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You understand the benefits of breastfeeding and you have decided to go ahead with it. This is great news. All you need to know now is how to do it properly. For experienced moms breastfeeding looks natural and easy. For a new mom it can be a terrifying prospect not knowing what to expect.
There is no need for you to worry. The breastfeeding tips in this article will help you prepare for breastfeeding your newborn. You have a lot to learn about newborn breastfeeding, so read every word here and refer back if you need to.
Here we will explain about the best breastfeeding positions, the logistics concerned such as knowing when baby has had enough and the mechanics which is all about knowing your baby is getting enough of your milk.
Once you have mastered nursing your baby you will find it to be a very rewarding experience. There are breastfeeding benefits for both you and your baby and you will be giving your baby the very best start in life.
Did you know that your breast milk has three different stages? Well it does, and this is nature’s way of ensuring that when you are breastfeeding baby they will get the very best food and nutrition for their age.
The first stage is the creation of colostrum. Not full milk at this stage but a yellowy (can be clear), thin substance that your breasts leaked while you were pregnant. Do not underestimate colostrum as it contains a vital combination of vitamins, minerals and proteins, and it will help your baby fight off viruses and harmful bacteria.
Colostrum coats your baby’s intestines and it will also protect them from experiencing digestive problems and allergies. Most importantly it is a great protector for your baby’s undeveloped immune system.
Other great benefits of colostrum are reducing the risk of jaundice and the stimulation of your baby’s first bowel movement. You do not need to produce a lot of colostrum to satisfy your baby. It is more important that your baby gets used to sucking on your nipple as this will assist your body in producing the second stage of milk.
This is when your breast milk first “comes in”. It has the appearance of milk mixed with orange juice, but it will taste just fine to your baby. It has more fat, calories and lactose than colostrum but contains a lower level of protein and immunoglobulins.
The final stage of breastfeeding milk is mature milk. This will normally arrive between days 10 and 14 after your child has been born. This milk is usually white and thin (it can even be a bluish color). Don’t dismiss the value of mature milk because of its appearance. It has all of the nutrients and fats that your baby needs to grow.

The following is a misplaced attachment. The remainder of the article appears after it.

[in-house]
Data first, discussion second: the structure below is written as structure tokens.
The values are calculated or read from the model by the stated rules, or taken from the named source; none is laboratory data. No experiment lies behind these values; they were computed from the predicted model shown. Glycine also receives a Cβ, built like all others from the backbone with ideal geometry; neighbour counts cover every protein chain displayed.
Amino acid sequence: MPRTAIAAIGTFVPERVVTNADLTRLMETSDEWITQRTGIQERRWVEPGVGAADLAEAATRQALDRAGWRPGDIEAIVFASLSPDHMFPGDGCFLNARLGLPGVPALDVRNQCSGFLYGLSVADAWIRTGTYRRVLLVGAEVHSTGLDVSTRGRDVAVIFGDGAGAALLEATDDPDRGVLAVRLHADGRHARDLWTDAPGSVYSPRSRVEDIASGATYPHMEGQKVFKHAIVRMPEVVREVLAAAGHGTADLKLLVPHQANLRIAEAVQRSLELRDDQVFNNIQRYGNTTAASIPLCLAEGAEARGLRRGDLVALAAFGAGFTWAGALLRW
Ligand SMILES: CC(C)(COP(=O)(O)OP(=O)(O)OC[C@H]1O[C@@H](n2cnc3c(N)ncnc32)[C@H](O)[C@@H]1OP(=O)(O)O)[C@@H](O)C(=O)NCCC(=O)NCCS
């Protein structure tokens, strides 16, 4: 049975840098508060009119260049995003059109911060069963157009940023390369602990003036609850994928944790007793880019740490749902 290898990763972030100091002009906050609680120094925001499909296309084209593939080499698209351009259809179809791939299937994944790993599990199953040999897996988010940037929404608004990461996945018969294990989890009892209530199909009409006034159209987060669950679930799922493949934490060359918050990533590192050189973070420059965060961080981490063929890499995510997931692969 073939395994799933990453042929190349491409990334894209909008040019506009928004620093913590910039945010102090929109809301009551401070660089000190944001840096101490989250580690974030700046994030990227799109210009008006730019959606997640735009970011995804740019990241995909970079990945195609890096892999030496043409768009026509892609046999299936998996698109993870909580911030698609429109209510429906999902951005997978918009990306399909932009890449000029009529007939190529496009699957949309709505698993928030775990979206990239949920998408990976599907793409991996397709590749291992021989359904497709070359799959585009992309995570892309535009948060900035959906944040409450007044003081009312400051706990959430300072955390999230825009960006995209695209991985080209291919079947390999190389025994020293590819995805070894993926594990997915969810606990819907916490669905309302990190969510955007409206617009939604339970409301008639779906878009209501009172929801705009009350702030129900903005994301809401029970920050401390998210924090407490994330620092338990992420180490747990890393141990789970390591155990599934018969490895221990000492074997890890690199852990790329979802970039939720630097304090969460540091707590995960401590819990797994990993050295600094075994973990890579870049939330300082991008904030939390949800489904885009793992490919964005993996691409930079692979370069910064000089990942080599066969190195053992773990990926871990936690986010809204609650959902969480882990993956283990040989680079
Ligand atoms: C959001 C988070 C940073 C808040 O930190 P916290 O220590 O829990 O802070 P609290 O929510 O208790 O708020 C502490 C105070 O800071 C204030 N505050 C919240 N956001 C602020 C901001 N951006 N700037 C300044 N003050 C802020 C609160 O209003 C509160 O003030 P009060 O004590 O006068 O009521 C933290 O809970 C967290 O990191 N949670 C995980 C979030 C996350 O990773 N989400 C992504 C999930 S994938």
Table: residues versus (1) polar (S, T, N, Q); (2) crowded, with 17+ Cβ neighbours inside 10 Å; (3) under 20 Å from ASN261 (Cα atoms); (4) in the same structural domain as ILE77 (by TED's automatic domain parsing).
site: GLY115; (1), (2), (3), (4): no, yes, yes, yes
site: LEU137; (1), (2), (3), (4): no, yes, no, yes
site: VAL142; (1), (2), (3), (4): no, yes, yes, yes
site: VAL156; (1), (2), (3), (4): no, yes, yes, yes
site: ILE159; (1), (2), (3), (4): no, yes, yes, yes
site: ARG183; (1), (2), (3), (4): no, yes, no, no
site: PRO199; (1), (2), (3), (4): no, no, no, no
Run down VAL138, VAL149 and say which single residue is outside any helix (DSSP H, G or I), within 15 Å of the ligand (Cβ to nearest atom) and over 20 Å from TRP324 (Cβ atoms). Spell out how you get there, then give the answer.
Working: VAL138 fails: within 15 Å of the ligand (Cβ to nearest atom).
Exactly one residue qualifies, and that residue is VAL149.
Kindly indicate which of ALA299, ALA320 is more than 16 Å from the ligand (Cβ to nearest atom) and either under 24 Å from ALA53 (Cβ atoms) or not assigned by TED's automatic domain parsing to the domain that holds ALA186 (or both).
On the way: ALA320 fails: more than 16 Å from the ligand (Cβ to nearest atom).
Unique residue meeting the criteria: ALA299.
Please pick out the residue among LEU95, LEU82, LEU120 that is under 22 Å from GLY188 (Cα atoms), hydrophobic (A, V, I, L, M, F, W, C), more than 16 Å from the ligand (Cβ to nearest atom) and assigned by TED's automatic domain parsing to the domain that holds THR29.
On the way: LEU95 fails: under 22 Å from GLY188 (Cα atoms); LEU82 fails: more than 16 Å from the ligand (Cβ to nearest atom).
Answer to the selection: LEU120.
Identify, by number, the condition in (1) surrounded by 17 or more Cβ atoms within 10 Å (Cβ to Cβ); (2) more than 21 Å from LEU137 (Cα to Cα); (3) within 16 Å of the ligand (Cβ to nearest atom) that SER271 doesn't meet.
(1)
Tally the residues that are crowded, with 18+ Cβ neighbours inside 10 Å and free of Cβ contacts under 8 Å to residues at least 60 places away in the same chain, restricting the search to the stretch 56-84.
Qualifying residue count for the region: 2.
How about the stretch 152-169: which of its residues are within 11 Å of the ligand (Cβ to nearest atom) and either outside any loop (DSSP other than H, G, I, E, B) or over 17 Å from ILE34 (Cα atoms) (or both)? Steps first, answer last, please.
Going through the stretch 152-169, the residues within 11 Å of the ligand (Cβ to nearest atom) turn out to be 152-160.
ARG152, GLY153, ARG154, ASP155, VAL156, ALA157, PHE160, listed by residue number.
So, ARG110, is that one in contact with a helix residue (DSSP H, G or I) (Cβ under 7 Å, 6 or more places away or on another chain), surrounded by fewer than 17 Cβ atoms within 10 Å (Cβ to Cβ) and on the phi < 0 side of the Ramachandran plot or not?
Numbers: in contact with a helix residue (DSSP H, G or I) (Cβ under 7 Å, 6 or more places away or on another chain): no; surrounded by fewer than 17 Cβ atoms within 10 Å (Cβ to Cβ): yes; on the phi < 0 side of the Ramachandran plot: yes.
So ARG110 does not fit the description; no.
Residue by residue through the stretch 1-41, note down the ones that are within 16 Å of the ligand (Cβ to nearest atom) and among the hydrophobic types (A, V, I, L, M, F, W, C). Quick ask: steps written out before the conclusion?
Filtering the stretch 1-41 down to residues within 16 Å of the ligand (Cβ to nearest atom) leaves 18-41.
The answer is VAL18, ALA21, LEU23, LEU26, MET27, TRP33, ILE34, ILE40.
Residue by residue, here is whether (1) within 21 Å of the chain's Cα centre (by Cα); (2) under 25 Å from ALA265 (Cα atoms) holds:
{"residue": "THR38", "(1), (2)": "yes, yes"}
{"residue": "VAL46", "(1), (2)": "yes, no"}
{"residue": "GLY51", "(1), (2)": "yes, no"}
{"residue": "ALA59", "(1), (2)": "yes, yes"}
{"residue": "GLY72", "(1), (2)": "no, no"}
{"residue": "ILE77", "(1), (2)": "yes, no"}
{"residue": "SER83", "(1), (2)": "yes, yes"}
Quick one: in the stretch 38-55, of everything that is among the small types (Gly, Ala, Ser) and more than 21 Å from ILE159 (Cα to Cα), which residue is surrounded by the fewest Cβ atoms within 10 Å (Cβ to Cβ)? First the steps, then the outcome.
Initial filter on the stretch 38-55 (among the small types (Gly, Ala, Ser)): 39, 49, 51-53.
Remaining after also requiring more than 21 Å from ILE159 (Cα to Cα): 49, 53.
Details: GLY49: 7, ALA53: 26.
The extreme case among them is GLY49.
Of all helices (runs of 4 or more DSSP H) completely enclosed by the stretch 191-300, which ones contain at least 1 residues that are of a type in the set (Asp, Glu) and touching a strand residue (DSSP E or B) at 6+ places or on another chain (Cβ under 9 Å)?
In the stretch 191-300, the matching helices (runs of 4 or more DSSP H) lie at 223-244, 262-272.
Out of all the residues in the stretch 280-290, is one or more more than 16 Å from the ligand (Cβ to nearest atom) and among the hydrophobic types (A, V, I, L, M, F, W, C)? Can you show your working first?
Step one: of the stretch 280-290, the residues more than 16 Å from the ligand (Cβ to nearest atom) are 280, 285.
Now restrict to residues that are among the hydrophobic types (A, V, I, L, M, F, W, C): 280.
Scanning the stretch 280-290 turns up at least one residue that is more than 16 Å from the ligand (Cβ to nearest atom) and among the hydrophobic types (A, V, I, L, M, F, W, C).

When your baby’s mouth has covered the nipple and the areola then you know you have a good latch. Your baby’s tongue, lips and mouth will massage the milk from your breast. Proper latching is important to avoid breastfeeding pain.
Make sure that you hold your baby properly. Hold them facing your breasts and keep their body inline to aid swallowing. Use your nipple to tickle their lip so that they will engage. Once your baby’s mouth is open, move baby forward until they latch and are suckling well. Your baby’s nose tip and their chin should be touching your breast with a good latch.
You want your baby to be suckling rather than just sucking. With suckling they will follow a pattern of strong swallowing and breathing. Your baby’s cheek, ear and jaw will move rhythmically. You should also hear gulping or swallowing noises.
How long should you breastfeed is a common question asked by a lot of new mom’s. There is no definitive answer to this, except to continue the breastfeeding latch until your baby is satisfied. On average breastfeeding sessions will last from 20 to 30 minutes.
Drain one breast completely before moving onto the other. Your baby will signal to you when they have enough from the first breast. When your baby let’s go of your nipple this means stopping breastfeeding for this session.
It is best to feed your baby when they are hungry rather than sticking to a breastfeeding schedule ruled by the clock. Expect to be breastfeeding infants between 8 and 12 times a day. All babies develop different feeding patterns, so don’t worry if your baby does not conform to this.
Knowing how to breastfeed is one thing, knowing when is another. Your baby should provide signals that they are ready for breastfeeding. These can include:
If your baby was born in hospital they would have probably taught you the cradle hold. But this is not the only position, and others might work better for you and your child. With the cradle hold your baby’s head rests in your elbow bend and you will use your hand to support their body.
With a crossover hold you will hold your baby’s head with the opposite hand to the feeding breast. Use your other hand to cup your breast. For breastfeeding at night try the side lying position. Here you will lie on your side with your head supported by a pillow. Line your baby’s head up with your nipple and cup your breast with your free hand.
A reclining hold is where you lie on your back and use pillows to support your upper back. Baby will lie on you tummy down, vertically on your chest area and their mouth needs to be just below the nipple. If your baby doesn’t latch straight away then point your nipple towards baby to encourage this.
Follow the breastfeeding advice in this article and you will be a natural in no time. Make sure that you subscribe to our Baby Now VIP Club so that you know when great new baby articles arrive.